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Decision on the European Data Protection Supervisor's (EDPS) refusal to give full public access to documents concerning the drafting of its implementing provisions on promotion (1995/2022/OAM)
Υπόθεση 1995/2022/OAM - Εκκίνηση έρευνας στις Δευτέρα | 14 Νοεμβρίου 2022 - Απόφαση στις Παρασκευή | 16 Δεκεμβρίου 2022 - Εμπλεκόμενο θεσμικό όργανο Eυρωπαίος Επόπτης Προστασίας Δεδομένων ( Mη διαπίστωση κακοδιοίκησης )
Ανάλυση της αναφοράς08/11/2022
Η έρευνα βρίσκεται σε εξέλιξη14/11/2022
Αποτέλεσμα της έρευνας16/12/2022
The case concerned a request for public access to documents related to the drafting of the European Data Protection Supervisor's (EDPS) implementing provisions on staff promotion. The EDPS gave partial access to some documents, but refused to disclose parts of three documents, which it considered to be covered by the exception for the protection of legal advice. The complainant contested the EDPS’s position. He further claimed that the EDPS did not identify all documents falling within the scope of his request.
The Ombudsman inquiry team inspected the relevant documents. During the inquiry, the EDPS became aware of an error in the redaction of one document partially disclosed at initial stage. It remedied that error and granted the complainant wider partial access to the document in question.
As regards the other documents, the Ombudsman found that the EDPS’s decision to refuse full access was not unreasonable. Given that the documents at issue related to an internal administrative procedure, she did not identify an overriding public interest in disclosure. The Ombudsman also considered that the EDPS properly identified all the documents falling within the scope of the request.
In view of this, the Ombudsman closed the inquiry finding no maladministration.
Background to the complaint
1. In April 2022, the European Data Protection Supervisor (EDPS) amended its internal provisions for the promotion of its staff members, applicable also to staff members of the European Data Protection Board (EDPB) Secretariat.
2. In June 2022, the complainant asked the EDPS for public access to documents concerning the preparatory work for the new Decision of the European Data Protection Supervisor of 27 April 2022 adopting implementing provisions concerning promotion. The complainant referred, for example, to legal opinions drafted in relation to the decision, consultations with other entities, minutes, analyses and internal exchanges.
3. In its initial reply, the EDPS identified 17 documents as falling within the scope of the request. It gave full or partial access to 14 documents, redacting personal data in order to protect the privacy and integrity of the individual and some parts, which fell outside the scope of the request. It refused access to three documents invoking the exceptions for the protection of privacy and integrity of the individual, the protection of legal advice and the protection of the decision-making process after the decision has been taken. The three documents were:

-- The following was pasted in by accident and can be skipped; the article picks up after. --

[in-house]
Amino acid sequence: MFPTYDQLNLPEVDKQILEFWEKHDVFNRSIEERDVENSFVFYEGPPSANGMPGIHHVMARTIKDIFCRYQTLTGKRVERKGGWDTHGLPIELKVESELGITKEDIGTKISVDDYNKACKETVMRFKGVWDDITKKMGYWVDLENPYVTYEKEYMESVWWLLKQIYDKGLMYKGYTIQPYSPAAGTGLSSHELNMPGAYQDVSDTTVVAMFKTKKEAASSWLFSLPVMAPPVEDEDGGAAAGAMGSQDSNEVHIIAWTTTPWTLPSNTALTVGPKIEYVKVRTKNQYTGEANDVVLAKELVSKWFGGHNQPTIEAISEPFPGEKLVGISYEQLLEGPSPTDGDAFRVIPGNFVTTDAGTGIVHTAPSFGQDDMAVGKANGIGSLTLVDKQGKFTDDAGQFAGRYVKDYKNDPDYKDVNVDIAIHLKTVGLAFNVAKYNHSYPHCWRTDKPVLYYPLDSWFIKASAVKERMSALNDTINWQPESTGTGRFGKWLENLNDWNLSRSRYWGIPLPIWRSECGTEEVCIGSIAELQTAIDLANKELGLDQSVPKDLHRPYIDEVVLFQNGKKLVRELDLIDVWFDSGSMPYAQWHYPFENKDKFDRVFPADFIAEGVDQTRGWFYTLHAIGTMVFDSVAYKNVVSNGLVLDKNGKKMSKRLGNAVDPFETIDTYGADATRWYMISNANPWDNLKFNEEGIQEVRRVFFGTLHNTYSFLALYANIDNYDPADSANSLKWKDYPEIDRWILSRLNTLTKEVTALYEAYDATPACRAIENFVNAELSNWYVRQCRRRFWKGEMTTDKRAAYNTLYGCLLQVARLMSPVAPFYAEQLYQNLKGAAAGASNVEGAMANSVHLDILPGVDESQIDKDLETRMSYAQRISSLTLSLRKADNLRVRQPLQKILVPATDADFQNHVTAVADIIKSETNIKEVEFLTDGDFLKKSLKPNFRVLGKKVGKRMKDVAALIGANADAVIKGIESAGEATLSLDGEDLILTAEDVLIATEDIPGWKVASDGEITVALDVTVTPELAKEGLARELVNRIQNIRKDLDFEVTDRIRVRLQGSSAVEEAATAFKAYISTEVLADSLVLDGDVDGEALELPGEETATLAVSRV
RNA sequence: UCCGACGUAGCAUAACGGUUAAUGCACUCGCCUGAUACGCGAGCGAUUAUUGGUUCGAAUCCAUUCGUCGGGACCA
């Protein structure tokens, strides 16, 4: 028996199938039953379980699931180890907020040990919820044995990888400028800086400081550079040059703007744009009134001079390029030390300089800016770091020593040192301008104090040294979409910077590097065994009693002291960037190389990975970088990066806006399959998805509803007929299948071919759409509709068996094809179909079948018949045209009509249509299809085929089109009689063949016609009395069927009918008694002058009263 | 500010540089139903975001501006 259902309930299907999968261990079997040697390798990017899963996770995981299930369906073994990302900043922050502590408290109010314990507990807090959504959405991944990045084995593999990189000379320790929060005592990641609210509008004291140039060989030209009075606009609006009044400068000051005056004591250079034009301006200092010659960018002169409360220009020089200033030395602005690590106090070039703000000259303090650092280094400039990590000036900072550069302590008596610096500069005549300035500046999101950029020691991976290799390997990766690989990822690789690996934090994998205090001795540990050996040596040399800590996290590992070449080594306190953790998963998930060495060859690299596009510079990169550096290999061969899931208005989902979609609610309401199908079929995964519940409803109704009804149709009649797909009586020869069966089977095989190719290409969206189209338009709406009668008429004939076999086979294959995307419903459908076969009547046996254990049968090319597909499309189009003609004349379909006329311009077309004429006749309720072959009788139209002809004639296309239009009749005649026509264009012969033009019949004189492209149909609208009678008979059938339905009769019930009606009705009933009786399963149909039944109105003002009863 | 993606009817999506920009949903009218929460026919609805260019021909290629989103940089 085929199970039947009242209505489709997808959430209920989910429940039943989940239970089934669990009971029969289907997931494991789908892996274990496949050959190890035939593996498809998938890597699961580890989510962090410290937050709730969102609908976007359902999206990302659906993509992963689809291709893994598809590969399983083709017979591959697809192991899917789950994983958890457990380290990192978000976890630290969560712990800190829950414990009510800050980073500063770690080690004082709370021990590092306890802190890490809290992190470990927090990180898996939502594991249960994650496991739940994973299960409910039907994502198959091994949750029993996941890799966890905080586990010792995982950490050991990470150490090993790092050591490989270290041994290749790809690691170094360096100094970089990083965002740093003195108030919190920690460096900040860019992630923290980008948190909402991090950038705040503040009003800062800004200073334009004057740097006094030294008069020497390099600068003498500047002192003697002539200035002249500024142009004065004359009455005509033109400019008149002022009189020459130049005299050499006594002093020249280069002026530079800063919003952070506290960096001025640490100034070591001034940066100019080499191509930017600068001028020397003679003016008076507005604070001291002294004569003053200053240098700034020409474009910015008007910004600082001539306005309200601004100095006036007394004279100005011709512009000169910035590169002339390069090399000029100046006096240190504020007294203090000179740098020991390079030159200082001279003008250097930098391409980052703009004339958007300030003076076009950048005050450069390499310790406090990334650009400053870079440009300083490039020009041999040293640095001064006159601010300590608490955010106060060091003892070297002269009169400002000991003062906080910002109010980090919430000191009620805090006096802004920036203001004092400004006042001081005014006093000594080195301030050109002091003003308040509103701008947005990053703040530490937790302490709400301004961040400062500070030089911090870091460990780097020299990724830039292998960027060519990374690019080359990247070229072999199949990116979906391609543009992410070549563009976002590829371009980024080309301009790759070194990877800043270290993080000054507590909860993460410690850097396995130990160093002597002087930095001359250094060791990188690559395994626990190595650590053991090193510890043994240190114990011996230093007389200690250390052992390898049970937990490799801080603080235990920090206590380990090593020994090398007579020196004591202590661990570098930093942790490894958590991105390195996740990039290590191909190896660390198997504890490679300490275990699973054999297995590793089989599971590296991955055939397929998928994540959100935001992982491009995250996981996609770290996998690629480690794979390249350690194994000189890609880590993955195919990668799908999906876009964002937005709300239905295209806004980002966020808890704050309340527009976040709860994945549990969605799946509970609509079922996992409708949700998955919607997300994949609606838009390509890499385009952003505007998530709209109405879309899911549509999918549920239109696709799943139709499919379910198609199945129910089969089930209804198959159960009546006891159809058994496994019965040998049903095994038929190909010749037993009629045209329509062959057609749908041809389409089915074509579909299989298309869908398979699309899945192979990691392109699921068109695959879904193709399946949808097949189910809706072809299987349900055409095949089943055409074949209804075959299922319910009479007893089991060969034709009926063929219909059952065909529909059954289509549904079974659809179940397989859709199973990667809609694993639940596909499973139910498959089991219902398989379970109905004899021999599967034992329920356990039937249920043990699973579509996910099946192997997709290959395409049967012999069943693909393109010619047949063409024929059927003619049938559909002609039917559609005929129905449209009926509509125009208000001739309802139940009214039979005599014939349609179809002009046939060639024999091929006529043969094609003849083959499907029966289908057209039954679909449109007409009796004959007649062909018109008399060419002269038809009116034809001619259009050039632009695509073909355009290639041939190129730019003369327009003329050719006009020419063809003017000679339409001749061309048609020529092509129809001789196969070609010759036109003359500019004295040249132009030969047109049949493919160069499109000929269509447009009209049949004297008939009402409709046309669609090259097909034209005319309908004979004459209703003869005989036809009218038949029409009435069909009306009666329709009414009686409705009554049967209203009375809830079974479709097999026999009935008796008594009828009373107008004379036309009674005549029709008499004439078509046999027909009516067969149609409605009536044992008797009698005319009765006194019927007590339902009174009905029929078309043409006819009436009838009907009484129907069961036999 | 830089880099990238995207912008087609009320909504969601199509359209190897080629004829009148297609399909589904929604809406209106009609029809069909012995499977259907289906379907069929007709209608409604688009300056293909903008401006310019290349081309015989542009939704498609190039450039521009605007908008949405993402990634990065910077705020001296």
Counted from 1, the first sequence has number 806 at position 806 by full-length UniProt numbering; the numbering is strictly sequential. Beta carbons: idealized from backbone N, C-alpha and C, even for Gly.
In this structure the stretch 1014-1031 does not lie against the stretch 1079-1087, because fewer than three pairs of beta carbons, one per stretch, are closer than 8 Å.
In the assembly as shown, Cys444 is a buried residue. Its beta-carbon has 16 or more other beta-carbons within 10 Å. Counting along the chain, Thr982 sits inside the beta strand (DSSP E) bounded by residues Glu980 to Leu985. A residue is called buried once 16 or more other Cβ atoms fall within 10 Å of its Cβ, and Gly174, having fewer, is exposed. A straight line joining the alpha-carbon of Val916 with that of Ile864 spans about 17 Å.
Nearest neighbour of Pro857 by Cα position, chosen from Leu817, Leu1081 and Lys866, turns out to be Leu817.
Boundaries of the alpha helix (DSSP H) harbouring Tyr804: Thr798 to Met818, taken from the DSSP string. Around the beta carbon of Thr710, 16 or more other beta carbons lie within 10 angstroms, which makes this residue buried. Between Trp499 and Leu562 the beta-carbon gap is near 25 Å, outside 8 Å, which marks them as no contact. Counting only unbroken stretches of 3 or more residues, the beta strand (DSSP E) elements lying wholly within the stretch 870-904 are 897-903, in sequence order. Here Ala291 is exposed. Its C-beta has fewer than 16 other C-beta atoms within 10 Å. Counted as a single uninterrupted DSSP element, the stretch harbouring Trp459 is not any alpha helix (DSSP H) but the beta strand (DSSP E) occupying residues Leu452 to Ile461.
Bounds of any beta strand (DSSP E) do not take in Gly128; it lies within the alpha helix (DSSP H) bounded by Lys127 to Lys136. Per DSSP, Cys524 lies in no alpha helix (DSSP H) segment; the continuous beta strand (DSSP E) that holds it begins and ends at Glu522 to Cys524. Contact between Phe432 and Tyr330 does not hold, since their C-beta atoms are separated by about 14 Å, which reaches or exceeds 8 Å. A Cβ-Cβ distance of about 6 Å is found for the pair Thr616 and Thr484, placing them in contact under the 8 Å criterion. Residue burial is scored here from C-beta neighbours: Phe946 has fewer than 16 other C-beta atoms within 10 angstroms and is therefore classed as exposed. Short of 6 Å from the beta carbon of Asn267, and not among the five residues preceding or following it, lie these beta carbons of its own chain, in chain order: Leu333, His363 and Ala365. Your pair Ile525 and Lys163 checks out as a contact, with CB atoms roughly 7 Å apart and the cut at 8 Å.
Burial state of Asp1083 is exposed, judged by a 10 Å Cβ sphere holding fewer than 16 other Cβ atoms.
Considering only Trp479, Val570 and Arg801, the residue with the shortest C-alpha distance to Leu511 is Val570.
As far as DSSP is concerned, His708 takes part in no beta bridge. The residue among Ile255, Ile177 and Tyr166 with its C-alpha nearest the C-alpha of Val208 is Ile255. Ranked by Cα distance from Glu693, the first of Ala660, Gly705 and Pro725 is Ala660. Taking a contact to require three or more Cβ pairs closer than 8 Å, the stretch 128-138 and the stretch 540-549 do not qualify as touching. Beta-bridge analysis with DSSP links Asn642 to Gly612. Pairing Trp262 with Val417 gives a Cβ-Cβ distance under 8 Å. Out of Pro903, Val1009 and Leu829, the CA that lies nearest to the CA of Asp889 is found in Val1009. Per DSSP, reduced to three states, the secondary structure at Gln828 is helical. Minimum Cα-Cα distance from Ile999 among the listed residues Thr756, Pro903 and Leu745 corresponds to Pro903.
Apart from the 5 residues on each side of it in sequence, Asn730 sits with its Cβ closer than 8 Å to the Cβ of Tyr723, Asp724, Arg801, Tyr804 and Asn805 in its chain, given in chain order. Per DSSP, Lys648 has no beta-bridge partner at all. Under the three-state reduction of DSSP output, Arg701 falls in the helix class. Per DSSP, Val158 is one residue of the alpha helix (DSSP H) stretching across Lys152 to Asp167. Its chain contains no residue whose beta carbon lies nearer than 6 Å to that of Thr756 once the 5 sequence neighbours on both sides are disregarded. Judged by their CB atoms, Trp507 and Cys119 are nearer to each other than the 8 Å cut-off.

- Document 8: an email transmitted by the legal service to the human resources team
- Document 9: an email transmitted by the human resources team to the Director
- Document 10: an email thread between the Director and the human resources team
4. In July 2022, the complainant requested a review of this decision (by making a ‘confirmatory application’). The complainant also expressed doubts as to whether the list of documents identified was exhaustive. The complainant did not object to the redaction of personal data but challenged the application of the exceptions under Articles 4(2) (protection of legal advice) and 4(3) (protection of the decision-making process) of Regulation 1049/2001.
5. The EDPS interpreted the complainant’s confirmatory application to be in relation to the documents refused entirely, namely documents 8-10. In the confirmatory decision, the EDPS decided to give partial access to those documents, redacting some parts in order to protect the privacy and integrity of the individual and legal advice. In addition, the EDPS confirmed that the documents identified at initial stage were the only ones falling within the scope of the original request.
6. Dissatisfied with this outcome, the complainant turned to the Ombudsman on 4 November 2022.
7. The Ombudsman opened an inquiry into the following aspects of the complaint:
1) whether the EDPS was justified to refuse full public access to documents 8-10, based on the exception for the protection of legal advice;
2) whether the EPDS identified all the documents within the scope of the complainant’s request.
8. In the course of the inquiry, the Ombudsman inquiry team inspected the concerned documents. The Ombudsman also received the reply of the EDPS on the complaint.